He further brought out the Road Transport and Safety Bill, which, although still pending before the Parliament, seeks to reform the entire sector with electronic licences, steep penalties and stringent jail terms for drivers who cause accidents. The bill is pending due to opposition by states who argue that it encroaches upon their rights.

In order to revitalise the highways sector, which had fallen into a precarious condition after a string of failed build-operate-transfer (BOT) projects under the previous government, Gadkari introduced the hybrid-annuity model, where the government pays 40 percent of the project cost, while the private players fund the rest. The new model has so far been successful in getting construction of highways back on track.

The Inland Waterways Bill, passed in 2016, was also introduced by Gadkari. It seeks to revitalise the ailing inland shipping sector, and decongest roads and railway networks. The bill marked 111 rivers as inland waterways, paving the way for them to be widened, dredged and cleaned up to make them transport worthy.

A few months ago, he proposed to set up road runways – also known as highway strips – across the country. While such stretches exist globally for defence purposes, Gadkari announced his intention to use them for commercial operations as well. Something new, something different.

But this isn’t all. Gadkari has been amenable to ideas for urban areas as well.

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He restarted the Pod Transit Project in Gurgaon. It consists of suspended pods, similar to a cable-car, that are driverless and completely electric. The project evinced a lot of interest with two foreign bidders and two from India. The pod taxi system, pegged at Rs 50 crore/km is one-fifth the cost of a metro rail network per kilometre.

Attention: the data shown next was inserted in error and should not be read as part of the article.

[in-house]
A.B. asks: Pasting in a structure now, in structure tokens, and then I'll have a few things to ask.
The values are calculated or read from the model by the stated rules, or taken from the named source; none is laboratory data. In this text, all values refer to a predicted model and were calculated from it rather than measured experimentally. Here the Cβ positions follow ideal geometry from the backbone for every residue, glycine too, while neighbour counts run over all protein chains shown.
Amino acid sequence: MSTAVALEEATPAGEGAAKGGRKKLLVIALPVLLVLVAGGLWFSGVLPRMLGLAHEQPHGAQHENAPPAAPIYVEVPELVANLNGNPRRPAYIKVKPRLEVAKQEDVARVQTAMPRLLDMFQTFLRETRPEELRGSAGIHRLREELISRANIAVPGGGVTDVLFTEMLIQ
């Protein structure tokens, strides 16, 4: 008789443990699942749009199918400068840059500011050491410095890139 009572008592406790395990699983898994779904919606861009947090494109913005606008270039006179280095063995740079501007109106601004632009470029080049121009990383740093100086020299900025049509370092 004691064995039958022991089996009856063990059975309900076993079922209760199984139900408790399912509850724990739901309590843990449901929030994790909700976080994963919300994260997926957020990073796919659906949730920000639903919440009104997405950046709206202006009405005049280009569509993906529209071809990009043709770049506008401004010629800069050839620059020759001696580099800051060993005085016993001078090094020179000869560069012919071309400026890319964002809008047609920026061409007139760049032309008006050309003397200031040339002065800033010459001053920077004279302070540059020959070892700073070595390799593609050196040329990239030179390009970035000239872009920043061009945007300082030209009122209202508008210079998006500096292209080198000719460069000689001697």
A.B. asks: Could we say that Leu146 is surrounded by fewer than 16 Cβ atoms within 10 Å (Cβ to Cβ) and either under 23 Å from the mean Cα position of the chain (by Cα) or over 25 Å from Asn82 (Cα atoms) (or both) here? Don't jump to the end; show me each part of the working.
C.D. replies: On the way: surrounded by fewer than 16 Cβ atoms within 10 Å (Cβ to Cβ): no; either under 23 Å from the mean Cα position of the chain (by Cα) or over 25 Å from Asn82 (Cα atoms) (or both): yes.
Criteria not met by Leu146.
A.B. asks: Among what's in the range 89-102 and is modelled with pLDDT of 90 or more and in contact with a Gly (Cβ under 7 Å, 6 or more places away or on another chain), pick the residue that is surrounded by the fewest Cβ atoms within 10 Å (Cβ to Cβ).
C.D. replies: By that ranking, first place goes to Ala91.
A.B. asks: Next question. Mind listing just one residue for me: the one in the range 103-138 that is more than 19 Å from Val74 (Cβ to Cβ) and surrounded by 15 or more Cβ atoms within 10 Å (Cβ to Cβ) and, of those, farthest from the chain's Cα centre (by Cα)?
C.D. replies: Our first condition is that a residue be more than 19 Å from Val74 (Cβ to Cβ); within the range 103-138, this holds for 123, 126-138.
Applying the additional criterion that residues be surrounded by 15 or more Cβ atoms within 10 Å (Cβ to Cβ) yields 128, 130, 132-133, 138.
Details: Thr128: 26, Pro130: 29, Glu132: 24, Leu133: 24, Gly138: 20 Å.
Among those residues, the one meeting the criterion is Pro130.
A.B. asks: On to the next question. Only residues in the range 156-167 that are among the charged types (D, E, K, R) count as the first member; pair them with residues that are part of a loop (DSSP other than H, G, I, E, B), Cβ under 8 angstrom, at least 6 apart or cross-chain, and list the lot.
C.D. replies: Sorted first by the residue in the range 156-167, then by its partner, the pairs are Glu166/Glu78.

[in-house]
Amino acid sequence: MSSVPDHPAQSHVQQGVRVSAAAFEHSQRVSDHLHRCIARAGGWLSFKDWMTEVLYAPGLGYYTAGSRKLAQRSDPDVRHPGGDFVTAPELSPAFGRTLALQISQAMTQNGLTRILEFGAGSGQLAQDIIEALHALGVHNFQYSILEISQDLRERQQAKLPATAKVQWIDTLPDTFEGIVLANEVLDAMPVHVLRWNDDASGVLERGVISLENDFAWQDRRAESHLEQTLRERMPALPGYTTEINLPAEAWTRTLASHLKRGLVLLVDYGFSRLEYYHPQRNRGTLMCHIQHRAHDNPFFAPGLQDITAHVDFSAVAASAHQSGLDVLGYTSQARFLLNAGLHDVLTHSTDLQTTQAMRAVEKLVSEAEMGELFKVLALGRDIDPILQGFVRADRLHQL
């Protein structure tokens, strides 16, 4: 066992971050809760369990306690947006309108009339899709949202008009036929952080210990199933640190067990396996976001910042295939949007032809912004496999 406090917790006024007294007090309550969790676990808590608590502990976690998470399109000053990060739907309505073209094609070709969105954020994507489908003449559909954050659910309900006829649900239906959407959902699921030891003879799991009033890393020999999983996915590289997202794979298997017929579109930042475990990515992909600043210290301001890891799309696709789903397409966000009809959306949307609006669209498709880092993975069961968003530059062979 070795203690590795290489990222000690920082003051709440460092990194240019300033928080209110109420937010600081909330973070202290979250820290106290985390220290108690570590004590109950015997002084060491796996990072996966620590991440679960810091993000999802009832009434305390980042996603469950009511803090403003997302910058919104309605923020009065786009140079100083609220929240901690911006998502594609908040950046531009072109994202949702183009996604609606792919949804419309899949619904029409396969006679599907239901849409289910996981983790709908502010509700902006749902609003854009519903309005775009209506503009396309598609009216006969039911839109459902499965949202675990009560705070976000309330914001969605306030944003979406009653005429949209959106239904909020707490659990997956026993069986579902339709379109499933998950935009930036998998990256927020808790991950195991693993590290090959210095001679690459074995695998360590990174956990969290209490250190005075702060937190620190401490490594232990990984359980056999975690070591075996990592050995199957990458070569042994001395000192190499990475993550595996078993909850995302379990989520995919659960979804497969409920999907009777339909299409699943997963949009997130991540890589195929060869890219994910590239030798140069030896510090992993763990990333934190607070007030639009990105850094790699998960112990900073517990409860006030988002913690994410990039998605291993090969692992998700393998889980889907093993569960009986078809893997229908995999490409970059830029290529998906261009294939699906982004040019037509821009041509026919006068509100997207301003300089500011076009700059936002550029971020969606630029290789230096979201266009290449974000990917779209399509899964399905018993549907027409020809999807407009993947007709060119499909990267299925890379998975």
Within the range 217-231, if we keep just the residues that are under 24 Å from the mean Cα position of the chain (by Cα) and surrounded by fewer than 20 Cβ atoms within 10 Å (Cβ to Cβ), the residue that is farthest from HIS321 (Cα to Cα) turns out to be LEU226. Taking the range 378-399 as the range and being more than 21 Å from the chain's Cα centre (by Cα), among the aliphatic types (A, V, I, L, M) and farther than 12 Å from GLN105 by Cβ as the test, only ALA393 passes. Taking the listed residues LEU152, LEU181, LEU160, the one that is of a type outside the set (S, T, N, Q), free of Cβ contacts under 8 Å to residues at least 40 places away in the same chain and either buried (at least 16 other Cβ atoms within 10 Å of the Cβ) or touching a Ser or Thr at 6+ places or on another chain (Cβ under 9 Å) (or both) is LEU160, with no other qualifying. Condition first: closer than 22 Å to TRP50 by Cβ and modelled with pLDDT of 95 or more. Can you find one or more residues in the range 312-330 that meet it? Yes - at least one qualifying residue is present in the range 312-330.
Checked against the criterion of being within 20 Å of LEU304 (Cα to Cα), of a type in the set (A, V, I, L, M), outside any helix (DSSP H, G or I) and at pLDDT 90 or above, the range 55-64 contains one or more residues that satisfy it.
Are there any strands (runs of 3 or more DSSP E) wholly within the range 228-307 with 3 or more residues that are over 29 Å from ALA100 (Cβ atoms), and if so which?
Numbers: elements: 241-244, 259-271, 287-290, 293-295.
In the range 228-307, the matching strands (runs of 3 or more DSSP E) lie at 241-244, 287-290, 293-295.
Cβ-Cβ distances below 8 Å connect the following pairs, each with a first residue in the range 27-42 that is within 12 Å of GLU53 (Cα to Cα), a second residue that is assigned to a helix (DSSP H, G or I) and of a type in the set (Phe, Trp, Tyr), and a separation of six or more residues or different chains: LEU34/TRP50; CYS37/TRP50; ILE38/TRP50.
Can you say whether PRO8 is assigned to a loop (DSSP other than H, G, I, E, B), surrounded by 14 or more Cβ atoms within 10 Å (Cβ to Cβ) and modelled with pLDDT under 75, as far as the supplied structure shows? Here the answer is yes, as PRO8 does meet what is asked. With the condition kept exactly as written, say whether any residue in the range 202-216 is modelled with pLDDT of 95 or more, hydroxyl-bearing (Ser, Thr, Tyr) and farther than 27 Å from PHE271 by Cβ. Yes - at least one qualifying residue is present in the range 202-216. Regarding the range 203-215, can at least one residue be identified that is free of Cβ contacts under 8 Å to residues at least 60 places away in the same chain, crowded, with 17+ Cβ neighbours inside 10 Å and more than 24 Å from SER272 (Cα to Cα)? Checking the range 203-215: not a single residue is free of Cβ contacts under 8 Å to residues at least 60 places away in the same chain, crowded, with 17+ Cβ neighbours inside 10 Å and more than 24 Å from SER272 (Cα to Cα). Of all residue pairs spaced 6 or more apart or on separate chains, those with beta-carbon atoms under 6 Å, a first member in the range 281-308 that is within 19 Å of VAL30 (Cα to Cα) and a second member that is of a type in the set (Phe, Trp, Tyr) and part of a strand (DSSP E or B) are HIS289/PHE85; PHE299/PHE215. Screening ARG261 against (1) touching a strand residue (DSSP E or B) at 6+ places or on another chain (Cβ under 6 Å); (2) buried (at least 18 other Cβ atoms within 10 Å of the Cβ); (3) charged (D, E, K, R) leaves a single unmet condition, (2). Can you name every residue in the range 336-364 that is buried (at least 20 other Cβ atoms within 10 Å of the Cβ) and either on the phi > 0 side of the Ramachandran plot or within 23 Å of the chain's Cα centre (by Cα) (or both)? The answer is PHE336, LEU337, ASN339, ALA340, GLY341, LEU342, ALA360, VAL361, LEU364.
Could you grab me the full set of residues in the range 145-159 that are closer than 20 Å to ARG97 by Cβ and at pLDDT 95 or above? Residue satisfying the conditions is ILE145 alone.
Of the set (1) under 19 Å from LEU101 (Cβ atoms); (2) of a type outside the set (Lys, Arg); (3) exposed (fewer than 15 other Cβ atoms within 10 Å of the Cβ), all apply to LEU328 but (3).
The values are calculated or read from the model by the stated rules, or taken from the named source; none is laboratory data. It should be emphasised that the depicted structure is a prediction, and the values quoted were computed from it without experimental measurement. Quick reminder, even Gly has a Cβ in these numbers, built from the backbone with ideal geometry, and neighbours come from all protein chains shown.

And now, for the biggest of all – SpaceX! Gadkari was recently in the United States, where he had an interaction with officials of Tesla Motors. The hyperloop, conceptualised in 2013 by Elon Musk, runs at 1,120 km an hour, and Gadkari has offered support to run tests between Mumbai and the industrial city of Pune, which interestingly is where the Mumbai-Pune Expressway is located. The hyperloop concept, while not yet commercial, if implemented in India, will make it a goldmine for investments. It will also reduce the travel time between Mumbai and Nagpur to 35 minutes! To carry this further, Maharashtra Chief Minister Devendra Fadnavis confirmed that there have been talks between the Indian government, but specified that the product must be completed first before being tried out.

Gadkari has also invited Tesla to set up a manufacturing base in India to promote clean energy, and has offered them free land near airports.

Thus, it is quite evident that Gadkari is open to new ideas that seek to revolutionise the entire transport sector. While dealing with Indian politics, bureaucracy and issues related to court cases is a major problem for any infrastructure project, getting these projects started, will totally change the face of Indian transit.